A transgender woman in Kansas is suing the state Department of Health and Environment over an internal policy under which they deny all requests from transgender people asking to change the gender marker on their birth certificates.
The plaintiff at the center of the case, 58-year-old Stephanie Mott submitted a request for an amended birth certificate on Dec. 14, 2015. But the Department of Health and Environment rejected the request just a month later. Transgender Law Center and lawyers representing Mott have filed a petition in state court challenging that denial.
“One of the first things I ever knew about myself is that I’m a girl, but to this day, the state of Kansas refuses to update my birth certificate to reflect who I truly am,” Mott said in a statement. “It’s so important for me that my birth certificate reflect my authentic self. Having accurate identity documents is not only a matter of human dignity but also an issue of safety. I shouldn’t have to out myself as transgender every time I apply for a job or when I register to vote.”
Kansas had a long-standing regulation that allowed transgender people to request a change of gender on their birth certificates and until 2012, the Department of Health would generally comply with those requests. But a year into the first term of Gov. Sam Brownback (R), who vehemently opposes LGBT rights, an internal policy was adopted without repealing or altering the previous regulation: All requests for amendments to the certificates from transgender people were rejected out of hand.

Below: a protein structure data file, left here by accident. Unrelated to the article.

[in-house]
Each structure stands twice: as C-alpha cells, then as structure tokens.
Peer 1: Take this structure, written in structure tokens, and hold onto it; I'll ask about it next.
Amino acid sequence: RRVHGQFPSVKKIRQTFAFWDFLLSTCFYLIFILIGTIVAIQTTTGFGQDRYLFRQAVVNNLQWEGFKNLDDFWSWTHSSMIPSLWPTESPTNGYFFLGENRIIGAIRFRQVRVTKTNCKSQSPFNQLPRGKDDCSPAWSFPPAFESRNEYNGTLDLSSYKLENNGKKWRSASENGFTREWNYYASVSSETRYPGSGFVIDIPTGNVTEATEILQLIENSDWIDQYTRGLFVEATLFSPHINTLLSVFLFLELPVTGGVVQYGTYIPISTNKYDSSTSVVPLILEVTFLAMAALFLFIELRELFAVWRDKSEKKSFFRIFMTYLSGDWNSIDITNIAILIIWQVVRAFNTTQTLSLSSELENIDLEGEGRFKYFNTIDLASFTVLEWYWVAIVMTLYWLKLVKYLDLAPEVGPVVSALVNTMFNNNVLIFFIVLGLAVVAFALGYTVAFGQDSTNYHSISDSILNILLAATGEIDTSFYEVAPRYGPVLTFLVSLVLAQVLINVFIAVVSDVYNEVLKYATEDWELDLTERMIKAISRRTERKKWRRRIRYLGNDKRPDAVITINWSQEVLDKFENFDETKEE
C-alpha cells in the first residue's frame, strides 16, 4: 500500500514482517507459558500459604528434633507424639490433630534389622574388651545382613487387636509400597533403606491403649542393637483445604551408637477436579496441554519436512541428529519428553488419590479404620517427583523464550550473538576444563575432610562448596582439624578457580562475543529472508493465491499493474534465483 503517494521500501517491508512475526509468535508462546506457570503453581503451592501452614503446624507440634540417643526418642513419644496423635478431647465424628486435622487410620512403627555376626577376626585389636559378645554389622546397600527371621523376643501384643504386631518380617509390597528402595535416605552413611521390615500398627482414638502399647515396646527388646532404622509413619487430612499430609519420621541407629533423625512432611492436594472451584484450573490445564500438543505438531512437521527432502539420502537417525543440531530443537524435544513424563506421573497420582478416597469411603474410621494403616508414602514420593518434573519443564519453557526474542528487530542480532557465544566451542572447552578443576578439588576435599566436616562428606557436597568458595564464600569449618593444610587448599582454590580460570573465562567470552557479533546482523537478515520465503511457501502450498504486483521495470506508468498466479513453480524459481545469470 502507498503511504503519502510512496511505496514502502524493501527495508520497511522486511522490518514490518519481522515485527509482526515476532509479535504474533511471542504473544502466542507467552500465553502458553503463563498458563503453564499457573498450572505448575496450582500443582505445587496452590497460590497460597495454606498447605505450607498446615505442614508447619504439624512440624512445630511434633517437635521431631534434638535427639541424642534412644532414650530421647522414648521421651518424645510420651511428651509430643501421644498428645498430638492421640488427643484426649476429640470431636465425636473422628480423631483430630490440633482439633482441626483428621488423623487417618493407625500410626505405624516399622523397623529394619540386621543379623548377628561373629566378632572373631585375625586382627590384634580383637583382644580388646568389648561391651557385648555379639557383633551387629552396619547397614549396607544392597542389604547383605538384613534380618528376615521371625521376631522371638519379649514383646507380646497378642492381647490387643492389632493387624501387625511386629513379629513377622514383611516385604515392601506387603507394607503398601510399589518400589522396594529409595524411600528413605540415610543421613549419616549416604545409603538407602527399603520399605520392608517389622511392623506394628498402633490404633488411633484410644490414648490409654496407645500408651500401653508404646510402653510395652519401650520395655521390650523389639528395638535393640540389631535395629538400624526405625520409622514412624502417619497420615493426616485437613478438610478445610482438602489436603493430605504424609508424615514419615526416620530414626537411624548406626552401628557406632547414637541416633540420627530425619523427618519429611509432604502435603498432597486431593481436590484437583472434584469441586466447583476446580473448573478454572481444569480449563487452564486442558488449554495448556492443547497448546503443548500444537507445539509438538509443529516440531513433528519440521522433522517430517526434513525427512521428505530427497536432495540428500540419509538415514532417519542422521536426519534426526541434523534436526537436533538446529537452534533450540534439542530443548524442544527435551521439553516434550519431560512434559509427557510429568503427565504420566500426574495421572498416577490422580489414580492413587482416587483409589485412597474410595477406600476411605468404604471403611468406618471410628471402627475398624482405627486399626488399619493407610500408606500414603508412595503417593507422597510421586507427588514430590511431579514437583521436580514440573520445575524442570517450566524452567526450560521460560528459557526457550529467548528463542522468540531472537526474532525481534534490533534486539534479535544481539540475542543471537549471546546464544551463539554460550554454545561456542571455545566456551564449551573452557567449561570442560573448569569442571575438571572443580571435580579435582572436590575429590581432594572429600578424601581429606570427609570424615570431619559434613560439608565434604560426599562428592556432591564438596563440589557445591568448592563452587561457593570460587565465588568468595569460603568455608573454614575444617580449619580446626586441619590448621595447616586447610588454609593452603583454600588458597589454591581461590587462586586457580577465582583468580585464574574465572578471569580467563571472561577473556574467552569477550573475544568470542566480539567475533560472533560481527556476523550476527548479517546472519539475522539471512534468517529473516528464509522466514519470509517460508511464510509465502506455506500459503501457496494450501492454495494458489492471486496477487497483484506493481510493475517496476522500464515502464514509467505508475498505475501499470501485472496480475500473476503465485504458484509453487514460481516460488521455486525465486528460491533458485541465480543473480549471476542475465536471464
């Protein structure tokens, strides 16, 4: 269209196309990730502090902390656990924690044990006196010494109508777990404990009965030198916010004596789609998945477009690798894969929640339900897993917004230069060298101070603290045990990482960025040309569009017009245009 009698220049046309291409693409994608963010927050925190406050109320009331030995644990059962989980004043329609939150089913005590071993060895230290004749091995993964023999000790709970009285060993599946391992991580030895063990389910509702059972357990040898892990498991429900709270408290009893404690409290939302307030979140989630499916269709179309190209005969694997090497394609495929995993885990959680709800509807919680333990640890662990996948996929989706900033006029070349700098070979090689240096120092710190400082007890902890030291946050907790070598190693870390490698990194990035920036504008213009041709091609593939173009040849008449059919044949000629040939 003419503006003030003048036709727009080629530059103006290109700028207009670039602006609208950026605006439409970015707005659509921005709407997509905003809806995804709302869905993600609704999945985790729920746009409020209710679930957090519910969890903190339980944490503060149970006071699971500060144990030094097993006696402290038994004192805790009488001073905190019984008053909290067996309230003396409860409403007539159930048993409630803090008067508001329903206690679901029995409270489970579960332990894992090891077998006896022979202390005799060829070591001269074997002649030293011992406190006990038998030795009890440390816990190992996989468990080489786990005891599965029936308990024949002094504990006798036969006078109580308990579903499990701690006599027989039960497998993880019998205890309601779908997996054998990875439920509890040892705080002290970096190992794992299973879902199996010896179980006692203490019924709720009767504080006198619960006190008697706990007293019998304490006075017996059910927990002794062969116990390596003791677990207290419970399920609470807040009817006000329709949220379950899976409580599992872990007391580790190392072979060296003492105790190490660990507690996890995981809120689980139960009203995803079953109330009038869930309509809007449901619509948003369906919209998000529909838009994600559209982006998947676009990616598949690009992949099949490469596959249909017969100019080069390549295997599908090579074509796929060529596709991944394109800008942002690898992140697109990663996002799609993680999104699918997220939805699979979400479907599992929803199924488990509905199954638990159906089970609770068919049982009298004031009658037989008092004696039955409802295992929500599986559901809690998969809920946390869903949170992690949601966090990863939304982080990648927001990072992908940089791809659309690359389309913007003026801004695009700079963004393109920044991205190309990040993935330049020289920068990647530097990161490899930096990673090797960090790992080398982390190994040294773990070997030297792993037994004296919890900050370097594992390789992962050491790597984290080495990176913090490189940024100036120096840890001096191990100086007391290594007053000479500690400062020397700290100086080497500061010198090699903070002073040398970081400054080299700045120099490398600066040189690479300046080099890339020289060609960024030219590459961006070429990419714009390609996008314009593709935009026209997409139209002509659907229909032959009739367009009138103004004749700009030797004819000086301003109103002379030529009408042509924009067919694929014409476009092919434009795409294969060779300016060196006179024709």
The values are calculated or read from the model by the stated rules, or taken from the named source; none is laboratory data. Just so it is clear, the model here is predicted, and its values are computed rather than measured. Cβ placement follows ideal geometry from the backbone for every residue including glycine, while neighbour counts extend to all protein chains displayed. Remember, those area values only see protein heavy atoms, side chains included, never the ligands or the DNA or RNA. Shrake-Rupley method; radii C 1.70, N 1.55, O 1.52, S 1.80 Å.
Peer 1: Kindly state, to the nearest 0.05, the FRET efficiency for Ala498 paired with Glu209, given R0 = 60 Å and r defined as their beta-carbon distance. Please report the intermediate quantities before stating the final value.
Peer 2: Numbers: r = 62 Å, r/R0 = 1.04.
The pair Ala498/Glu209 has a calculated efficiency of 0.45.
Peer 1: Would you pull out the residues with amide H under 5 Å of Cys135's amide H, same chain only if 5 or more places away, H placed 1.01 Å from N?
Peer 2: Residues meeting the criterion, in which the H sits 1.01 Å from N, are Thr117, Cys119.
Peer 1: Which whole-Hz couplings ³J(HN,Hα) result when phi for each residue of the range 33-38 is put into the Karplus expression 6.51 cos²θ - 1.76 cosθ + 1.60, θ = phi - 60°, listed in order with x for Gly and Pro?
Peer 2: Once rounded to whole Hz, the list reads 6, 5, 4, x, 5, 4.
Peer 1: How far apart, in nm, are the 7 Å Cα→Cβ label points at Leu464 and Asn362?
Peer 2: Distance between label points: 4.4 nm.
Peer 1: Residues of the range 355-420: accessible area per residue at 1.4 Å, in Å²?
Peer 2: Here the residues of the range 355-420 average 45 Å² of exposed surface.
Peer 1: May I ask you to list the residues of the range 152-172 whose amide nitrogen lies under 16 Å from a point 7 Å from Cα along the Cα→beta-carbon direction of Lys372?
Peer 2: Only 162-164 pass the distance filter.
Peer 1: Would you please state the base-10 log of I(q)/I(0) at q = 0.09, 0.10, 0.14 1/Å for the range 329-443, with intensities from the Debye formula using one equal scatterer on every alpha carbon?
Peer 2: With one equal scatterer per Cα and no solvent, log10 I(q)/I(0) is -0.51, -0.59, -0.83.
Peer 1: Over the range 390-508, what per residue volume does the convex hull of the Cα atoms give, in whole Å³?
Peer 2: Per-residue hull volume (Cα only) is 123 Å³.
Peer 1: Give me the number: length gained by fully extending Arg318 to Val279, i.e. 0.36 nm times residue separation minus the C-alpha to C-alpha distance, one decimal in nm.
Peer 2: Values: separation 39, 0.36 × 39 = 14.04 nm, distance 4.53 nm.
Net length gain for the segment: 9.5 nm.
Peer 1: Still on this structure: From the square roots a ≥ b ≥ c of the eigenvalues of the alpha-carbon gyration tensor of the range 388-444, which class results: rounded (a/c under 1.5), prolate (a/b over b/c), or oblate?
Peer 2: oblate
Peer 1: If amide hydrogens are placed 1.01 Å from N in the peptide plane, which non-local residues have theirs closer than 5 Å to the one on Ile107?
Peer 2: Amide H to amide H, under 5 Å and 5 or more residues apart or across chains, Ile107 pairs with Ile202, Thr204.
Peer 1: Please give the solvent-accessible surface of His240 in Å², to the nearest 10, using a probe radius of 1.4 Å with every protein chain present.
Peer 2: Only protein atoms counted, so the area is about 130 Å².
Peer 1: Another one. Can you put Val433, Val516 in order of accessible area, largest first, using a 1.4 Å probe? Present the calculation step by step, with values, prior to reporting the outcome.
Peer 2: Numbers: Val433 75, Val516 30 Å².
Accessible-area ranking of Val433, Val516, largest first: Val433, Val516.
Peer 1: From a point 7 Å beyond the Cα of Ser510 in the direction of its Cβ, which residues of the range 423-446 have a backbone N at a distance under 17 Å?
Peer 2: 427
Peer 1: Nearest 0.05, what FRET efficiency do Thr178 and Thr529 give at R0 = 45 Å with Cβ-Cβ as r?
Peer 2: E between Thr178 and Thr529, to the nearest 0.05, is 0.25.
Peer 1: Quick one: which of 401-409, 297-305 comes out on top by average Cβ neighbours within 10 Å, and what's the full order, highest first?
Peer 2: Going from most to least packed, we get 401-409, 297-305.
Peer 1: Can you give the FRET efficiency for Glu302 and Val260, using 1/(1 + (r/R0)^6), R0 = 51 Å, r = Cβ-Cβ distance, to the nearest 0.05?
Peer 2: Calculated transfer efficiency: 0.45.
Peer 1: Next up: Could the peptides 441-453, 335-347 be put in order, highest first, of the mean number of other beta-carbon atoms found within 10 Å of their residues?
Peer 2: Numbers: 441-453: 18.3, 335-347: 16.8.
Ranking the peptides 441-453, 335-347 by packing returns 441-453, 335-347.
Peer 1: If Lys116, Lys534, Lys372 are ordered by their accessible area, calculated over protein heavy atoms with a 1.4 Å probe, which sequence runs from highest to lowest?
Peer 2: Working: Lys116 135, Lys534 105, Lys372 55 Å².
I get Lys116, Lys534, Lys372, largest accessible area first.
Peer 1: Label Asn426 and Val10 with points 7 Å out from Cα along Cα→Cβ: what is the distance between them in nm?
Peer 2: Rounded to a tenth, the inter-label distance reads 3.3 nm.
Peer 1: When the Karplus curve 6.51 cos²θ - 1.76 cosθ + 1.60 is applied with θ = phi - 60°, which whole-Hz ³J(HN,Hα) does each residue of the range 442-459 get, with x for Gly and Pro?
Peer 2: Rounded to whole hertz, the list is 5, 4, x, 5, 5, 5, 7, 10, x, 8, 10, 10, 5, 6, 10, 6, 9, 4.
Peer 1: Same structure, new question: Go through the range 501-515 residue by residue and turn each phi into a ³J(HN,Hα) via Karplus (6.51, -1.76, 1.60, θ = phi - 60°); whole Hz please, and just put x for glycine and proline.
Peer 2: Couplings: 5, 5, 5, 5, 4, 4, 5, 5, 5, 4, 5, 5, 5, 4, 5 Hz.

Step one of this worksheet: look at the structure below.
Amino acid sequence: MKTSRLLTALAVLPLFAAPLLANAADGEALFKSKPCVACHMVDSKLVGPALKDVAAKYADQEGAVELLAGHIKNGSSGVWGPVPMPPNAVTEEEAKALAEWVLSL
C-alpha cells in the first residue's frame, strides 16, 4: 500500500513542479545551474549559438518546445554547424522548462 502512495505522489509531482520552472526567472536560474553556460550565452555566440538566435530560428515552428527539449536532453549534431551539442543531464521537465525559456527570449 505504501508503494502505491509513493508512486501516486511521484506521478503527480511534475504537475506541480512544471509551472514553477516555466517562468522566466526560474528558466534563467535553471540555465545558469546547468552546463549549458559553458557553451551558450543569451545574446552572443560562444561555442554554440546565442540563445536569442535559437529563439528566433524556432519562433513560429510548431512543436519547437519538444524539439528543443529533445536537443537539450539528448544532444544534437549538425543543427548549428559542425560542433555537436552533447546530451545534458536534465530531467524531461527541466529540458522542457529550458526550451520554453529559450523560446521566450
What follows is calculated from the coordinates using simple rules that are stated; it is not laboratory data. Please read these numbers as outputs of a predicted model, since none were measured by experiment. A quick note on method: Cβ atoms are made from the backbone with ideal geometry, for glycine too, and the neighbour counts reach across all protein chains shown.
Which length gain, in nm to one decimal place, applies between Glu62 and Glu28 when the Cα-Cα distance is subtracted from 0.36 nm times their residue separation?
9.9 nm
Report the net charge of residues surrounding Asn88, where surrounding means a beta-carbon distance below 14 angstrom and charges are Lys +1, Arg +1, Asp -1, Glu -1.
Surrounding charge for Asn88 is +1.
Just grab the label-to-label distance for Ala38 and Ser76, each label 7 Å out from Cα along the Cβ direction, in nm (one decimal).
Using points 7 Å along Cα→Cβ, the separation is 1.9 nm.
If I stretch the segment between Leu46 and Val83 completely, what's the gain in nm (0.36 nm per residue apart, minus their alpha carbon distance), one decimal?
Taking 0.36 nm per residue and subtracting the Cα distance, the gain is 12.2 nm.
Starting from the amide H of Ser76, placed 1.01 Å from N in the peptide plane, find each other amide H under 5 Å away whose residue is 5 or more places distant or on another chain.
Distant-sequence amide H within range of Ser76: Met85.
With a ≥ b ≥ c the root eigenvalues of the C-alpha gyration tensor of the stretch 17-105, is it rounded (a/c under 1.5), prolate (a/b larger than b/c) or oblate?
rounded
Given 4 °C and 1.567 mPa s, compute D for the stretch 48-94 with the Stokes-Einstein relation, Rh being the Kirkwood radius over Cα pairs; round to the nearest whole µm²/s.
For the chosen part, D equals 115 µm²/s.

The petition filed by Mott’s lawyers argues that the policy violates state law by failing to comply with the existing regulation. They also claims that the denial violates the constitutional right to equal protection and right to privacy, in terms of the ability to decide when and to whom to disclose one’s transgender status.
“Everyone needs access to identity documents that reflect who we really are,” Ilona Turner, legal director of Transgender Law Center, said in a statement. “The state’s brand-new policy of refusing to allow transgender people to update the gender marker on their birth certificates is patently unlawful and unconstitutional.”
“This policy is an extreme outlier — every state except Kansas, Idaho, and Tennessee will give transgender people new birth certificates that correctly state their gender…. This policy serves no purpose other than to discriminate.”
For Mott, it’s a question of principle.
“It took me 48 years of struggle to embrace my authentic self and start living as the woman I’ve always known I am,” Mott said in a statement. “I just want my government to respect who I am and stop trying to make me live as someone I’m not.”
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